Things to remember when talking to kids about divorce

On Behalf of | Sep 2, 2018 | Firm News |

If you have two or more kids, you’ve probably noticed that each of them has a unique personality. One might be more outgoing than the other. While they may share common characteristics, such as their love of sports or the types of food they like best, they are individuals and may react to various situations in vastly different ways. If you recently decided to divorce and have not yet told your children, you’ll want to keep their personalities in mind when you give them the news.

If you know that one child is prone to angry outbursts, be prepared to witness a similar reaction when you tell him or her about your impending divorce. Another child might go off to his or her room and not come out all day. Just remember that your divorce doesn’t have to ruin their lives, and with the right type of support and a lot of love, you provide them with the coping mechanisms they need.

Avoid these mistakes

You may feel tempted to say negative things about your spouse when you and your children are discussing divorce. That type of approach typically backfires, however, because children love both their parents. The following list includes mistakes like this that you’ll want to avoid if your goal is help your kids come to terms with your divorce in a positive way:

  • Don’t fabricate stories to cover the truth. Children are adaptable and do best when given straight facts.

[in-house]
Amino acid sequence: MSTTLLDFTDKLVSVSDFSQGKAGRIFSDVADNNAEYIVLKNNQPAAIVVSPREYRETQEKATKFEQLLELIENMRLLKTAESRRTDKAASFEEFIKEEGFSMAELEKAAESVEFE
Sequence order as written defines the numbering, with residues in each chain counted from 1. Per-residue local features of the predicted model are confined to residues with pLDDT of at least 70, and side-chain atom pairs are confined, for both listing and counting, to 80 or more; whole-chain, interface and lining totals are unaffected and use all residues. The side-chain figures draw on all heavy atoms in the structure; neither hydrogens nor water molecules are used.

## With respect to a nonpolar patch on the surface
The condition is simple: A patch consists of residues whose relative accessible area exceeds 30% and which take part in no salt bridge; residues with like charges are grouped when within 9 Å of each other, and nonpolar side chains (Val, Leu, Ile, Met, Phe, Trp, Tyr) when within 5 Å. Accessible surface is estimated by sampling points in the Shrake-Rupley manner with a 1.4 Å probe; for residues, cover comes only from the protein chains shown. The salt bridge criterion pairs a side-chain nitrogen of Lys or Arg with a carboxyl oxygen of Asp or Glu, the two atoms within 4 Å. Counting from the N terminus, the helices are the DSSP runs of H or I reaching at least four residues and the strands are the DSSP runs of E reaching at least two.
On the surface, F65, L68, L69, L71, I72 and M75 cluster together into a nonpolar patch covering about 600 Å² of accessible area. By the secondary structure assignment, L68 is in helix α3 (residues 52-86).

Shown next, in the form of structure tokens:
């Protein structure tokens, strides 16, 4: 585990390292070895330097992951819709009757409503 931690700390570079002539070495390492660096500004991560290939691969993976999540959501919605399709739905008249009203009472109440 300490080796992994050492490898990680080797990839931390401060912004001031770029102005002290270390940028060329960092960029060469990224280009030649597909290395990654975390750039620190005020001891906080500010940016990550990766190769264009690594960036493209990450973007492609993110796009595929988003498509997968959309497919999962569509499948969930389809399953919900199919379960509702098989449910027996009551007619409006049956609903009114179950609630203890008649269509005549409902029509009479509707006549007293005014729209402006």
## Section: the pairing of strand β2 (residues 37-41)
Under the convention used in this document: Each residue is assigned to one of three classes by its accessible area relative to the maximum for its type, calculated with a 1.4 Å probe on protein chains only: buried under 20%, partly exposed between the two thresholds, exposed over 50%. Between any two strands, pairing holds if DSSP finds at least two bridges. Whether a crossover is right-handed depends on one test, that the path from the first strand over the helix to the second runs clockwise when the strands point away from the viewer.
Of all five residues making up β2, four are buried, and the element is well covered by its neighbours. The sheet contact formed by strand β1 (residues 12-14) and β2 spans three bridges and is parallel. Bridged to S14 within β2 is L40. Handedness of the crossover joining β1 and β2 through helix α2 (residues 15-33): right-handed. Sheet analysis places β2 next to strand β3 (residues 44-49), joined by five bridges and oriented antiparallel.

• You might think it a lot easier to just send your kids a group email, especially if you tend to avoid situations where people might get emotional. In-person discussions are usually the best course of action when it comes to telling kids about divorce.
  • Your divorce will undoubtedly impact your children’s lives; however, it’s not their problem, so don’t give them more information than they need. It is best to keep adult topics between adults.
  • Some parents try to use their children to deliver snarky messages to their exes or to use them as pawns in battles for loyalty.
  • Trying to get your kids to be mad at their other parent may not only be counterproductive, it might wind up causing distance in your own parent/child relationship.

While each of your children may react differently to your news when you tell them you are getting divorced, overall, most kids can rebound and move on to new lifestyles without suffering long-lasting consequences. There may definitely be a few bumps in the road along the way, but if you have a strong support system in place, things will likely turn out okay.